Want to start a dinnertime conversation guaranteed to unite everyone, regardless of politics, wealth, temperament and intelligence? No easy feat ever but especially tough in the madness of today’s world. I’ve found one I believe that finds us all on the same side …the frustration of dealing with the before, during and aftermath of our annual visit to the doctor.
“We are experiencing heavier than usual wait times,” begins the process, upping the anxiety ante. When does the clock ever strike “usual” time” I wonder. Being a veteran of this time suck, I usually put her on speaker while I distract myself with some predetermined activity. An alternative to murdering somebody. It occurs to me how grateful I am not to be bleeding at that moment. “Your call is very important to us,” she continues. You know what? I don’t believe it is. Prove me wrong and just answer the phone....
‘She’s such a bitch.’
‘Everything I say annoys her.’
‘Nothing I do is right.’
‘She’s only nice to me when she needs money.’
‘What happened to my sweet little girl?’
Do these laments sound familiar? They do to me because at some point since my daughter, Britt, went to college, graduated and moved to New York City I have uttered each one. But over the past twelve years I have found myself lamenting less and enjoying her more. Why? Did she change? Or did I? A bit of both but weighted much more heavily on me.
I’m not sure if it was a conscious decision but I think this complaining about my adult daughter diminished when I started to view her for what she is in that order: ADULT then DAUGHTER. Once I changed my perspective to treat her as an adult first, my daughter second, our relationship became much less strained and tenuous. ...
Throughout the pandemic, I had many conversations with friends and family about our coping skills during lockdown. Some ate more. Some drank more. Some hiked more. Some sat on the couch more, and some read more. For myself, I turned to something that I’m really good at – watching TV. It’s a skill I’ve been honing since I was a child....
Last month, I borrowed my ex-husband’s car to visit my son, daughter-in-law, and their little guy (read about becoming a grandmother here). As soon as I arrived at the parking garage, the attendant said, “I’m sorry, but the car’s dead.”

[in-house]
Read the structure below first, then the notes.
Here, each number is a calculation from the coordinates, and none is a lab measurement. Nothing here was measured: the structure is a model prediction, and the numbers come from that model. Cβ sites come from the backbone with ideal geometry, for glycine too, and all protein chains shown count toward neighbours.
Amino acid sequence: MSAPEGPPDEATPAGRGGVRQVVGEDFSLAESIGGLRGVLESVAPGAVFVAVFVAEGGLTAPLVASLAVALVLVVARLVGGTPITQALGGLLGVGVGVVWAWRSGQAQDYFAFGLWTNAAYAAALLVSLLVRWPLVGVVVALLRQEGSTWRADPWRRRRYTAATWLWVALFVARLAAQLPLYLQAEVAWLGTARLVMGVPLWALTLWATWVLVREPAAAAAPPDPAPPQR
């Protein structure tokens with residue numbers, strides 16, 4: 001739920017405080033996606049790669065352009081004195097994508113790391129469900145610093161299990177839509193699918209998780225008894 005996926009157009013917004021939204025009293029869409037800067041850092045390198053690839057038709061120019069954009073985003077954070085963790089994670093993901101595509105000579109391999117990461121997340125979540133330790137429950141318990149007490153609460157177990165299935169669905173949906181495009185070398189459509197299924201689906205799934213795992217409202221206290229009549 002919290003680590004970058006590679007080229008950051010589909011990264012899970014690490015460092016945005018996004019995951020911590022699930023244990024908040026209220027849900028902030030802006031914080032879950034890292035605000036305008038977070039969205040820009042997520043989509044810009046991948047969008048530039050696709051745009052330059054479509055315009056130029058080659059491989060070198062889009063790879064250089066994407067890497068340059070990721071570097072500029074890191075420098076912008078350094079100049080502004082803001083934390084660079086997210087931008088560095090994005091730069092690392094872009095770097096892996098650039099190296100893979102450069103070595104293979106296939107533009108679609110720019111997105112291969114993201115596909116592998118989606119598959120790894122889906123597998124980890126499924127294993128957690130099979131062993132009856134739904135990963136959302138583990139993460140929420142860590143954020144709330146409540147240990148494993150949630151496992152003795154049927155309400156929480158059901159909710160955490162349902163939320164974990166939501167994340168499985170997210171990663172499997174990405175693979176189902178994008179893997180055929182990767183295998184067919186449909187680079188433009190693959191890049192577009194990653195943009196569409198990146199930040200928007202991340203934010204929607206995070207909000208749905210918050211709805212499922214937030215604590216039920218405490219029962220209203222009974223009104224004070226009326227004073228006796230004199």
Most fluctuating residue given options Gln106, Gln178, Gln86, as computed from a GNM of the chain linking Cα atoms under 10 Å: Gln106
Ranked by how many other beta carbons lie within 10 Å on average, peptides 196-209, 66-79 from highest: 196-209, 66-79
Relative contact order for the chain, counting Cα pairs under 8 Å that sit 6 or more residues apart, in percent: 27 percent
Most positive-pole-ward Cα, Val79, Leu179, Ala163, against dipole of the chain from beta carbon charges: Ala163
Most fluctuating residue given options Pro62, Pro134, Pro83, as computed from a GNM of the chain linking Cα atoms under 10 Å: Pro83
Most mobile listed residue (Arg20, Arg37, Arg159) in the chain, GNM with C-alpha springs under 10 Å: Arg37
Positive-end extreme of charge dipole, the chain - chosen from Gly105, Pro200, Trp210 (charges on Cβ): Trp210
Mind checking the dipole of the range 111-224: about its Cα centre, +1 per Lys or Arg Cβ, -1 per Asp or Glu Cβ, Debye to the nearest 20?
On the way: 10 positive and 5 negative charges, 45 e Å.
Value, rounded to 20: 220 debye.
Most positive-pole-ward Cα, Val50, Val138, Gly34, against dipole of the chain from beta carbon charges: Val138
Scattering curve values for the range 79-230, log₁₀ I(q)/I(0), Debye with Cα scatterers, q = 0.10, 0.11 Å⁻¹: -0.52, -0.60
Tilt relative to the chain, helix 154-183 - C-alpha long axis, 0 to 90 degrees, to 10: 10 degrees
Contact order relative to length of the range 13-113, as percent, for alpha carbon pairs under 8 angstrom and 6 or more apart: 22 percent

My ex immediately answered the phone when I called, arranged for a jump, and said, “call me along the way.”
He called me while I was driving, “everything okay? Call me when you get there.”
Pleased that he was concerned, I thought he was being dramatic. “I fine. I’m will.”
But I never got there. The car wouldn’t restart at the rest stop forty-five minutes from my destination.
My ex gave me the info I needed to get the car on the road again and where to drop it off. “Call me if you have any problems.”
My bestie, Sonia, sat on the phone with me until the car service showed up. Finally, on my way back into the city, I held my breath, clenched my butt cheeks, and drove the ninety-minute ride feeling sorry for myself. I missed feeling taken care of by my husband like he did so many years ago. I knew I didn’t want to be married to him, but then damnit, why am I crying?...
There’s a dark side to this “healthier” chocolate. Research has found that some dark chocolate bars contain cadmium and lead—two heavy metals linked to a host of health problems in children and adults.
The chocolate industry has been grappling with ways to lower those levels. To see how much of a risk these favorite treats pose, Consumer Reports scientists recently measured the amount of heavy metals in 28 dark chocolate bars. They detected cadmium and lead in all of them.